Market Still Strong Despite Rate Boosts

Market Still Strong Despite Rate Boosts

Brad O’Connor directly addresses camera: Persistently rising mortgage rates continued to constrain existing home sales activity in Florida this October, based on the latest statistics from Florida Realtors.

Before we dig into October’s figures, though, we thought it might be useful this month to recap how the market arrived at this point.

In the years leading up to the pandemic, the number of closed existing home sales in Florida each month more or less followed the same seasonal pattern, peaking in spring and easing off a bit through the remainder of the year.

Then came 2020, and the Covid-19 pandemic along with it. Closed sales were hit very hard for a couple of months, but during this time, the Federal Reserve took action to lower interest rates in order to keep the financial markets running and stimulate the economy.

By the beginning of May, the average 30-year fixed mortgage rate was down below its previous all-time low of about 3.3%, based on data from Freddie Mac’s weekly Primary Mortgage Market Survey of lenders all across the U.S. And from there, it steadily declined even *further* to an astoundingly low level of about 2.7% at year’s end.
Combined with several other factors brought on by the pandemic, these record low rates had the effect of igniting a surge in the demand for homes in Florida and elsewhere around the nation. Existing home sales skyrocketed in the second half of 2020 and maintained this momentum for all of 2021, as well.

The ratio of prospective buyers to home sellers ballooned, and home prices were bid upwards at an alarming pace, but monthly payments on new mortgages increased much more slowly because of the record-low interest rates, so this increase in home prices failed to deter most buyers.

That brings us to the beginning of 2022, which marked the end of a nearly two-year period of record-low mortgage rates, as the Fed began to reverse its course in order to fight pervasive inflation in the economy. The rapid pace of the resulting increases in interest rates has dramatically increased the monthly payments required for new mortgages, and home price growth has only recently started to show signs of responding.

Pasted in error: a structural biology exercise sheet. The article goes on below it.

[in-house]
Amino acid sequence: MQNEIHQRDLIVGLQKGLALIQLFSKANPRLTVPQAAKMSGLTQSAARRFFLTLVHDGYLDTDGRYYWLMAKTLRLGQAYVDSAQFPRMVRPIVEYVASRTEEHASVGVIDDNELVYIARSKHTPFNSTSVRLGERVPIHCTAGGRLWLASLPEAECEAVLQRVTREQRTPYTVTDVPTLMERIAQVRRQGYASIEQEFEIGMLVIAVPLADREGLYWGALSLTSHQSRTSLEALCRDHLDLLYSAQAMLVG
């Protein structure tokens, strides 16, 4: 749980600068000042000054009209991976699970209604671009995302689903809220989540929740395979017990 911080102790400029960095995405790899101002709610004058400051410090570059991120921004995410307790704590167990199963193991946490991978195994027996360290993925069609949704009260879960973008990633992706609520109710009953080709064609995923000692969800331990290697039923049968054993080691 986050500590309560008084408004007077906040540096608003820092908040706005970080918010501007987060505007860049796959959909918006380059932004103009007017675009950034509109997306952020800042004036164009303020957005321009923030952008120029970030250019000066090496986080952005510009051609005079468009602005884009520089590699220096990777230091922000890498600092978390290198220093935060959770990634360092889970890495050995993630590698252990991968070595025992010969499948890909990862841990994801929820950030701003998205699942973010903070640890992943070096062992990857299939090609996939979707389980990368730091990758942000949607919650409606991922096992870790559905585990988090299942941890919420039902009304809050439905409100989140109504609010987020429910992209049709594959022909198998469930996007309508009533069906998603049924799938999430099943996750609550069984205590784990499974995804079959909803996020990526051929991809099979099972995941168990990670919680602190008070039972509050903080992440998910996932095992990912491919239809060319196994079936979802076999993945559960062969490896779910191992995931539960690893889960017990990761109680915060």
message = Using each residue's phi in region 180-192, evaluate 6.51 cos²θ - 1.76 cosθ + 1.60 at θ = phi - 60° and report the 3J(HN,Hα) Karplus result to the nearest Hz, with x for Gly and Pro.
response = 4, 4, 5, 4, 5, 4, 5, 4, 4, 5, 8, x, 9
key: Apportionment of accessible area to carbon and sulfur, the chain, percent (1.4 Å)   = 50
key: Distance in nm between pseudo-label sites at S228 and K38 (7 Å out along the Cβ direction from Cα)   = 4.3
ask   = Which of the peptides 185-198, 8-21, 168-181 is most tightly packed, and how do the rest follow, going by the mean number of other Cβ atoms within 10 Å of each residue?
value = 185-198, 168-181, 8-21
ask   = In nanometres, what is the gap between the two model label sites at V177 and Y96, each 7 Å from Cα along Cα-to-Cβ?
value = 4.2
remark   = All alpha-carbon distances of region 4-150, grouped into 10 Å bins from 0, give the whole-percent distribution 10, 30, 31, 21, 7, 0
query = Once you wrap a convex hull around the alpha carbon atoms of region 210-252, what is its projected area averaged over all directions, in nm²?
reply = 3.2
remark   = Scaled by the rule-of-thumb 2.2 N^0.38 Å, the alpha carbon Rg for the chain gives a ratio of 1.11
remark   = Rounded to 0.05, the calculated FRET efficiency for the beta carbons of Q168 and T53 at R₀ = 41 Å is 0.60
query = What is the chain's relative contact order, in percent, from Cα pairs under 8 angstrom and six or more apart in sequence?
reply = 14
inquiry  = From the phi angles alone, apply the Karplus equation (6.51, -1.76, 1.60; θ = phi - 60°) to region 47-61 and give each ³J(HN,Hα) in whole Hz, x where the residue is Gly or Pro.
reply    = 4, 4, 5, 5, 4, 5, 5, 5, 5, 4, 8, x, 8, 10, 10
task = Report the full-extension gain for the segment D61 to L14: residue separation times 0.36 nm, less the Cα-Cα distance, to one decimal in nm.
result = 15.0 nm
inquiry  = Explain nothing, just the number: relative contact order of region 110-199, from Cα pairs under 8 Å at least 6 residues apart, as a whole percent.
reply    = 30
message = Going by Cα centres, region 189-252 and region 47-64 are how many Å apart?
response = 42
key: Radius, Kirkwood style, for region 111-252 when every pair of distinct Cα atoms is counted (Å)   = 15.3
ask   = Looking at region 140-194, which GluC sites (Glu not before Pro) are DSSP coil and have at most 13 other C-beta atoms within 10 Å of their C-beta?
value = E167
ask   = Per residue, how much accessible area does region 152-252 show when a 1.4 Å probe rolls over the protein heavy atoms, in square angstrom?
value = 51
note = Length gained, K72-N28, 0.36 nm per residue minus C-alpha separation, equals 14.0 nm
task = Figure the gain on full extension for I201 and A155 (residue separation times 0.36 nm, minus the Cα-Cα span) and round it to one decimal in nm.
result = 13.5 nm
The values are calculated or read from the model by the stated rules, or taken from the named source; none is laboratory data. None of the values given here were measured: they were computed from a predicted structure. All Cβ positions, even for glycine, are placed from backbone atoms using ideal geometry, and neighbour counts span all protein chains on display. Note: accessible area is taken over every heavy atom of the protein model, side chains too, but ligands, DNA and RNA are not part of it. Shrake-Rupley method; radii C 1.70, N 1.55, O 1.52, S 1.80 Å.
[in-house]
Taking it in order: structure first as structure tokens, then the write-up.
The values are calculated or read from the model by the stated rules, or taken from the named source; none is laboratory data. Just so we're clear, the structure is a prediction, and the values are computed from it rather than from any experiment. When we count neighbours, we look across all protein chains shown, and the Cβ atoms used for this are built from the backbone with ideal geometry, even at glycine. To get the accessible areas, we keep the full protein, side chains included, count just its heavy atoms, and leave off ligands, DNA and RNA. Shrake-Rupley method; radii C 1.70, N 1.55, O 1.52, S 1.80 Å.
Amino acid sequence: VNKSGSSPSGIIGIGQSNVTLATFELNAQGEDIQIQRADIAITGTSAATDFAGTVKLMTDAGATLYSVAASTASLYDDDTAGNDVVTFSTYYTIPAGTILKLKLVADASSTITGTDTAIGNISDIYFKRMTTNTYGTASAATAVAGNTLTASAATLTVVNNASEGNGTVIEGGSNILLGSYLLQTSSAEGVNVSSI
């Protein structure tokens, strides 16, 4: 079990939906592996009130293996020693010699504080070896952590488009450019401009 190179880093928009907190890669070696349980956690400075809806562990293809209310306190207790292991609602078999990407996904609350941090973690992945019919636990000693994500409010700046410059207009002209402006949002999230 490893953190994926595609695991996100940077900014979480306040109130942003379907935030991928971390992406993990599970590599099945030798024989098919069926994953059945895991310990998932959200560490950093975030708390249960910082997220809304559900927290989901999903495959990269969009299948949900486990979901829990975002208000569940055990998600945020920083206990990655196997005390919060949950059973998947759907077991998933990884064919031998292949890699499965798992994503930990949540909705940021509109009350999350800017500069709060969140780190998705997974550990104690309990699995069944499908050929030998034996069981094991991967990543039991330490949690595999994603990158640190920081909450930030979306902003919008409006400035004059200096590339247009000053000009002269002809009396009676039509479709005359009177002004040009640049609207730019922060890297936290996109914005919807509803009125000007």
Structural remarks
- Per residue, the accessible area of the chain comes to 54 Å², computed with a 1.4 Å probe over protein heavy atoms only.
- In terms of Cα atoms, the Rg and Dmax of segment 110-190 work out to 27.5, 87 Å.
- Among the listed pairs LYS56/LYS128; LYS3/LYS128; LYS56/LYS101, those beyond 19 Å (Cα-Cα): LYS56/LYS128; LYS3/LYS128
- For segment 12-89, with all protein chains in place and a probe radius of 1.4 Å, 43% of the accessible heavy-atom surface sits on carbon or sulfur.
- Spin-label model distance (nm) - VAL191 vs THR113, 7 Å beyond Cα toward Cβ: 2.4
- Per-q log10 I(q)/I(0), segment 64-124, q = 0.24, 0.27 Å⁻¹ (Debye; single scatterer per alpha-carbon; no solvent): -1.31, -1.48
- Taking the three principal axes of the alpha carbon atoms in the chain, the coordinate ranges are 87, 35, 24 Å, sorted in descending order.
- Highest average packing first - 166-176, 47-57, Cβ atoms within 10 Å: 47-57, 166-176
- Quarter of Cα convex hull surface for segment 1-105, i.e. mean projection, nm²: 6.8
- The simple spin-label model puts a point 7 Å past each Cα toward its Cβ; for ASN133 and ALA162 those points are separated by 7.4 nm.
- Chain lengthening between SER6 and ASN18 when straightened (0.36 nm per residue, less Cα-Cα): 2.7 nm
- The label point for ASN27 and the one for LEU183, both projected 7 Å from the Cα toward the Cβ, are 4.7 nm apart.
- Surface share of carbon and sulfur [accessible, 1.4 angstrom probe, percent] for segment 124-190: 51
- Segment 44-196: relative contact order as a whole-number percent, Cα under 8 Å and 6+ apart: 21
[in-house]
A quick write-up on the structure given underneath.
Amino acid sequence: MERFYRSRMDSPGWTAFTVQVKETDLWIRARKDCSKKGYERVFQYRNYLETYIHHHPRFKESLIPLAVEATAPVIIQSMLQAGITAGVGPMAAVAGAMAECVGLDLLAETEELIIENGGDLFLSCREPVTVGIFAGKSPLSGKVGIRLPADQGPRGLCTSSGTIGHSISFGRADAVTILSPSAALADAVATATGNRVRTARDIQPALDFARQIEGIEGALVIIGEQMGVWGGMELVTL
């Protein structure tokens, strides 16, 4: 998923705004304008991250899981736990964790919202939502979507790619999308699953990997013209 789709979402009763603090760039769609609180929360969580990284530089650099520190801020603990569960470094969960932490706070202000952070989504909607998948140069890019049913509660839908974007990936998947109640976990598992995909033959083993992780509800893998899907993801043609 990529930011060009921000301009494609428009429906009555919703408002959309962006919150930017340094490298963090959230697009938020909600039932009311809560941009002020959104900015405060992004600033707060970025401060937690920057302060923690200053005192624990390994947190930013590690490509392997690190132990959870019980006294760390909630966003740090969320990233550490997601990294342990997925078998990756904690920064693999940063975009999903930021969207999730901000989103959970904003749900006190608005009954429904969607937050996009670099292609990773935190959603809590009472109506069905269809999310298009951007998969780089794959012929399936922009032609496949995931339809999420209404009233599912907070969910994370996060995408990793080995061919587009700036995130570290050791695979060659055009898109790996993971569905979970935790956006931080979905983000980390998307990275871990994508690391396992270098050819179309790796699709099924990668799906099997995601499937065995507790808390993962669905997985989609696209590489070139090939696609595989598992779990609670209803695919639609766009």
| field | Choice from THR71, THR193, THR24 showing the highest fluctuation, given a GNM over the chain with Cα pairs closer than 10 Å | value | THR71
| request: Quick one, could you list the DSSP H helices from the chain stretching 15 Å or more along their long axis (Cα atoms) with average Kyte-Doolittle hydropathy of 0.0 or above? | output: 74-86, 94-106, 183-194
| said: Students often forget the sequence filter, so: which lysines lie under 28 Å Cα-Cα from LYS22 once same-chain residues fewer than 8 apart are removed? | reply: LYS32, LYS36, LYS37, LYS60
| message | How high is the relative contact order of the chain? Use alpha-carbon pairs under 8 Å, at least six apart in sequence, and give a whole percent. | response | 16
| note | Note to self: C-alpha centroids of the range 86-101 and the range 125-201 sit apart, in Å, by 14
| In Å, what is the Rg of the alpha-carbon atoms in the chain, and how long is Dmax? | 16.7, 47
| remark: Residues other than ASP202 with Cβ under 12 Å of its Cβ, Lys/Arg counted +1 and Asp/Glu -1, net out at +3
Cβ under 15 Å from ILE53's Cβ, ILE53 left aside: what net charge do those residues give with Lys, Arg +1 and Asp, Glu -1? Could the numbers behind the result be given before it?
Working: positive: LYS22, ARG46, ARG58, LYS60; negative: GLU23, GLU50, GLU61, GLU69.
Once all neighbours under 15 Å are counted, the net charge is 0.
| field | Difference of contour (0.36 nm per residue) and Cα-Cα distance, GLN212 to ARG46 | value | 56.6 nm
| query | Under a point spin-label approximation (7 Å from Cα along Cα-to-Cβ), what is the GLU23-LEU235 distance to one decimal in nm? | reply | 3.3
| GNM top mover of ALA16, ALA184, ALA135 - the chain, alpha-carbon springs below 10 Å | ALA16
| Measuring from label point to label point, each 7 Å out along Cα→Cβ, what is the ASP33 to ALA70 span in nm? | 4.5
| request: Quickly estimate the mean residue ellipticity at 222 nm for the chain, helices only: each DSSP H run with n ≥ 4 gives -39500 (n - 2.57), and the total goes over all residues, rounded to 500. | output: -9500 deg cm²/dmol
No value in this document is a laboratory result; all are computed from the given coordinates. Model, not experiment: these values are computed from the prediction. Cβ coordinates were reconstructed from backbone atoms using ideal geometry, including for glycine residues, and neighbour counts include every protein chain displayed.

In terms of closed sales in Florida, 2022 started out a lot like 2021, but soon, the shock of such rapid increases in mortgage rates caused many buyers to suspend their home searches and sit on the fence, and some others to even drop out of the market as the rising monthly payments required for a mortgage at these rates exceeded their budgets.
As a result, the second half of 2022 has seen the level of existing home sales in Florida more-or-less fall in line with the typical pre-pandemic seasonal trends. The fact that monthly sales still remain in the neighborhood of pre-pandemic levels despite today’s significantly higher home prices and mortgage rates only illustrates that despite these headwinds, housing demand in Florida continues to receive support from its recent surge in post-pandemic in-migration, vacation home purchases, and the ever-increasing number of millennials looking to find a home for their growing families.

Mortgage rates were never destined to stay at a level of 3% or lower, inflation or not, so probably the best way to look at 2021 is to give it an asterisk in the record books. It was never destined to be representative of any kind of new normal in the real estate market.
This is important to keep in mind when we look at how closed sales are currently performing in 2022 compared to a year ago. Single-family home sales this October were down roughly 25% compared to last October, while sales of condos and townhouses fell by almost 27%, with the size of these declines being attributable to factors such as last year’s sales being fueled by record-low rates and this year’s combination of both high prices *and* a rapid escalation in rates to levels not seen since 2002.

The decline in overall sales in October was relatively uniform across Florida’s 22 metro areas, with one notable exception being the portion of Southwest Florida that saw the most property and infrastructure damage from Hurricane Ian. But as we discussed last month, historical data show that residential real estate activity in Florida, at the county-level, at least, has typically rebounded fairly quickly after even the strongest of storms.

The median price for single-family home sales closing in October came in just under $402,000, which is a year-over-year increase of 12%. That’s still well above a normal rate of growth for home prices in Florida, but it nonetheless represents a significant decline from May’s year-over-year increase of nearly 22%. Over in the townhouse and condo category, meanwhile, the median price in October was up by more than 19%, to $310,000. That’s a high rate of growth compared to what we’re seeing on the single-family side, certainly, but it is notably down from the nearly 29% year-over-year increase we saw in May in this category.

New listings of single-family homes were down by over 18% in October compared to a year ago, while over in the townhouse and condo category, they were down by over 19%. That’s a comparable decline to September, but remember that the last week of September saw a dramatically reduced level of listing activity due to the approach and arrival of Hurricane Ian. The continued downward trend in new listings is counteracting the decline in sales, resulting in inventory levels that, while still rising, are not rising very rapidly in most markets. This has had the effect of tempering the slowdown in price growth in recent months.